“These documents from the White House have strong bipartisan support in Congress, though will not see that in the press,” says Sullivan. “China will be the foreign policy issue for the next 50 to 100 years.”
Roger Wicker, a Mississippi Republican said the pandemic has revealed just how risky China is to global supply chains.
China shipping ground to a halt in the first quarter as the country basically closed its doors to fight the new SARS coronavirus, first discovered in Wuhan, a city of 11 million. Many U.S. businesses were forced to go without a supply.
U.S. pharmaceutical companies are over reliant on China for the basic inputs required to make drugs, including over the counter medications like Tylenol. “We cannot tolerate having those vulnerabilities,” Wicker says. “The government needs to help our economy become more resilient to China.”
This week, the White House announced a massive loan under the Defense Authorization Act for Kodak, the old film company, whose turning its Rochester, NY facility into a pharmacological inputs lab. The stock skyrocketed over 300% on Wednesday, falling 10% on Thursday.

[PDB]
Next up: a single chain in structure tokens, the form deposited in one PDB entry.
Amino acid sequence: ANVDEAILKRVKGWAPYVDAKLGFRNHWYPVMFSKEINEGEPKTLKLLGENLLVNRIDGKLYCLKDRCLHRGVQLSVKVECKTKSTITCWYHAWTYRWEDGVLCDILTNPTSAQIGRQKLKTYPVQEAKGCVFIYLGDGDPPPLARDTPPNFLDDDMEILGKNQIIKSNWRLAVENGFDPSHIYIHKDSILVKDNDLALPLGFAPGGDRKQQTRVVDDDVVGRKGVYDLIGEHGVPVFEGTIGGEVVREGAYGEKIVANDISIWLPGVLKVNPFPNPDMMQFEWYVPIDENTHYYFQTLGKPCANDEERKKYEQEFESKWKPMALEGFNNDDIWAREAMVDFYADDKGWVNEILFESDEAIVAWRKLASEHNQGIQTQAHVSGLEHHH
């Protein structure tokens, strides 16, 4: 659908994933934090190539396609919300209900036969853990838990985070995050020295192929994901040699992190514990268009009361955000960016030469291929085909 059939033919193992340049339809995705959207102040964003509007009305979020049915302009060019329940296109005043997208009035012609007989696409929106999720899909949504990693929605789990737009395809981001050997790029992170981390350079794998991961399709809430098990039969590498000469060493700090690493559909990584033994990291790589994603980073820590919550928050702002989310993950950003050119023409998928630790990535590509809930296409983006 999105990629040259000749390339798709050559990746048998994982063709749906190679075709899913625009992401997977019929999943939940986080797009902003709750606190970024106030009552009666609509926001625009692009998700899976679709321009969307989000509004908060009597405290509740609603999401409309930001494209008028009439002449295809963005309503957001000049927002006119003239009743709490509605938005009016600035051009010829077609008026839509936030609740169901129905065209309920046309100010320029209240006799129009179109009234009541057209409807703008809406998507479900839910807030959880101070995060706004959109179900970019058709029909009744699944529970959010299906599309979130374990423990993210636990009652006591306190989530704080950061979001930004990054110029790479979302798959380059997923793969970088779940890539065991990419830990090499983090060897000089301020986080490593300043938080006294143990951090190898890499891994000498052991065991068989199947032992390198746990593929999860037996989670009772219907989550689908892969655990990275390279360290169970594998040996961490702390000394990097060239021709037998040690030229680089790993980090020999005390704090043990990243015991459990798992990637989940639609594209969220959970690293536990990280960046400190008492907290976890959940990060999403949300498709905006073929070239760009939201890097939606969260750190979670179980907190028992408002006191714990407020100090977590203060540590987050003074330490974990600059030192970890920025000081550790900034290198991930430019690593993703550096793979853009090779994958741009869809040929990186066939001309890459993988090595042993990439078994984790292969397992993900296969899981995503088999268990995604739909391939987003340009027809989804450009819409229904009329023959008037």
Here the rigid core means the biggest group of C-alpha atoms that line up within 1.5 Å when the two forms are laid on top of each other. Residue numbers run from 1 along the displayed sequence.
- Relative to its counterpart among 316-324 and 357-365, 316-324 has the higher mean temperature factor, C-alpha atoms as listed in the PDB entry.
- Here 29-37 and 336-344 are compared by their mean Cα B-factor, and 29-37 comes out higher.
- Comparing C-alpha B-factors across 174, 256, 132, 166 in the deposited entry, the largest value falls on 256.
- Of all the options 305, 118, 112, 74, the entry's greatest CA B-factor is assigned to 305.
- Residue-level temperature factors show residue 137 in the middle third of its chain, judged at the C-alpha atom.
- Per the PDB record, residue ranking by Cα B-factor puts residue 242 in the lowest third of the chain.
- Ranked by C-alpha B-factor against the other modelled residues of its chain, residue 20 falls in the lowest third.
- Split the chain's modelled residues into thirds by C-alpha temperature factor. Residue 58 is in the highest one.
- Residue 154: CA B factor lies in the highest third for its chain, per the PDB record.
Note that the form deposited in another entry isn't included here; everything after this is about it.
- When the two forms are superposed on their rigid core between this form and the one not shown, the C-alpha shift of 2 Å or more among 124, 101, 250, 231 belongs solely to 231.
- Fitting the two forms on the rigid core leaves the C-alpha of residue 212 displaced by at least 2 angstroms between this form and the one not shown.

Since the trade war, corporations have been rethinking their supply chains. Then the pandemic happened. Now companies that don’t have an Asian market to serve are the most likely to be at least considering a move. Larger corporations are likely to remain because they have a China market to sell to, and their volumes are high. They love China’s logistics. No one compares.
“There are ongoing conversations about moving out,” says John Scannapieco, an international trade lawyer with Baker Donelson in Nashville. “Most people took for granted their supply chain pre-Covid. Many firms did not realize how reliant they have become to one source or one country,” he says.
For years, American companies were told they needed to get lean and mean in order to compete with China. China benefited from low taxes, and labor and regulatory arbitrage against the U.S.
Yesterday’s Senate security hearing revealed that the Republicans and Democrats have known this for years, but now the fire is at their feet.
Over the years, much of American supply chain has resided in Asia and most of that is China. In a perfect world every country would make everything they need, but that world doesn’t exist, says Scannapieco.
“People are balancing the increased cost of moving with the cost of China risks in their business practices,” he says. They’re now starting to create a program that focues on China, Mexico and the U.S. supply chains. Scannapieco thinks Mexico will be the beneficiary of reshoring, more so than the U.S.